Innovative companies are more likely to be acquired

Two businessmen merging arrows together.

Release Date: November 5, 2019

“These types of mergers are beneficial on both sides. The acquired company gets a bigger payday because of their cache of patents, but the newly merged company sees improved performance thanks to the influx of innovation.”
University at Buffalo School of Management

BUFFALO, N.Y. — Businesses that focus on innovation are more likely to be acquired—and command a higher price when they are—according to new research from the University at Buffalo School of Management.

Recently published in the Journal of Banking and Finance, the study found that firms with larger innovation output and more research and development (R&D) investment are more likely to be acquired, receive unsolicited bids and receive multiple bids from companies seeking innovation through acquisition.

“When Google acquired Motorola in 2011, the $12.5 billion buyout was 73% higher than its market value,” says study co-author Kee Chung, the Louis M. Jacobs Professor of Financial Planning and Control in the UB School of Management. “Motorola’s patents drove up the buyout price, because they allowed Google to protect the Android operating system and enhance its competitive position in the mobile marketplace.”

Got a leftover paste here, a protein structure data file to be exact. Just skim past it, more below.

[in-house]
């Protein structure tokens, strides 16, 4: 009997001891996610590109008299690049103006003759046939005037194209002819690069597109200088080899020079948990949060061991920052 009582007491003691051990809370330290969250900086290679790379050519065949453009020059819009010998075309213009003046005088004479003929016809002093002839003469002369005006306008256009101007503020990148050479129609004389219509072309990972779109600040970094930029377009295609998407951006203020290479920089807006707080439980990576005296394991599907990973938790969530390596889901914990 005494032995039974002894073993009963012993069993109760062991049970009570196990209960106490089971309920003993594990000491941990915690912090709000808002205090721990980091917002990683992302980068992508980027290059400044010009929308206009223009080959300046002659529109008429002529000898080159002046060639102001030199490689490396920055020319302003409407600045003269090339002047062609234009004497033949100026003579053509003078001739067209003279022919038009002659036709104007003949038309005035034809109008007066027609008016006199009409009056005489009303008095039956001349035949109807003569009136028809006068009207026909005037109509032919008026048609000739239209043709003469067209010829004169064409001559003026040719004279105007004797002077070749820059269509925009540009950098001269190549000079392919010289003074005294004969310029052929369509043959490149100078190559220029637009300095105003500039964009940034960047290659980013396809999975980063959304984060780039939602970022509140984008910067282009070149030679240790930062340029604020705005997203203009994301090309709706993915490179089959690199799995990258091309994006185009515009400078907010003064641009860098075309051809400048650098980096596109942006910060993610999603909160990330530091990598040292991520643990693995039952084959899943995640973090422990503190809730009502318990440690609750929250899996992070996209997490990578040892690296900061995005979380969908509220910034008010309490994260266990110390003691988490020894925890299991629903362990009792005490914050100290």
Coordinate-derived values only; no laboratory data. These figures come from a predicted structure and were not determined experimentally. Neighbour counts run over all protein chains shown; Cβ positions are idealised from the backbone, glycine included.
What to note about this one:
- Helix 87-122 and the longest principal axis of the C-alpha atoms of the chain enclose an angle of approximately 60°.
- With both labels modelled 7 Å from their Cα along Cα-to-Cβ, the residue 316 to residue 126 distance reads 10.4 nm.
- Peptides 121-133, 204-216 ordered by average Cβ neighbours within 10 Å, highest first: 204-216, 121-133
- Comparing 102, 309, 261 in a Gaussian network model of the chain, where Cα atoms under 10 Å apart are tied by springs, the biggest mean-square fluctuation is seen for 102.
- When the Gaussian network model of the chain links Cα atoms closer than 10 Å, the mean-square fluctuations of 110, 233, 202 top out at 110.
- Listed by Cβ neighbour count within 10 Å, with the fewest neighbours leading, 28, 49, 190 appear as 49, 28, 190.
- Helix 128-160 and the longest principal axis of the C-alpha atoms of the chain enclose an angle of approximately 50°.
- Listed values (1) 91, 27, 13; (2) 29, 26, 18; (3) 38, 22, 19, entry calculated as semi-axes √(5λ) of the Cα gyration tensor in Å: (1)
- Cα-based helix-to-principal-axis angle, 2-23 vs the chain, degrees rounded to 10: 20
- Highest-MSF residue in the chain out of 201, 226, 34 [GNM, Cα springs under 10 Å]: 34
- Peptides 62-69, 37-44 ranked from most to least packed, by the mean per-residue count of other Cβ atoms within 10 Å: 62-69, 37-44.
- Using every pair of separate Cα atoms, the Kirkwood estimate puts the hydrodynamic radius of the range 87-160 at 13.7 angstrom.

The researchers analyzed more than 30 years of data on R&D and patents to calculate a firm’s innovation inputs and outputs, takeover premiums and the likelihood to receive unsolicited bids and multiple bids. They say that while previous research has explored the motives for and results of corporate takeovers, their study reveals innovation as a new factor.

“Through our examination of decades of data, it’s clear that innovation is a motive for corporate takeovers,” says Jennifer Wu, clinical assistant professor of finance in the UB School of Management. “Innovative firms are more likely to be acquired and receive greater takeover premiums in the market for corporate control.”

While the greater premiums are good for the companies being bought out, the study revealed that for the acquiring firm, the higher price is worth paying.

“These types of mergers are beneficial on both sides,” says Wu. “The acquired company gets a bigger payday because of their cache of patents, but the newly merged company sees improved performance thanks to the influx of innovation.”

The UB School of Management is recognized for its emphasis on real-world learning, community and economic impact, and the global perspective of its faculty, students and alumni. The school also has been ranked by Bloomberg Businessweek, Forbes and U.S. News & World Report for the quality of its programs and the return on investment it provides its graduates. For more information about the UB School of Management, visit mgt.buffalo.edu.

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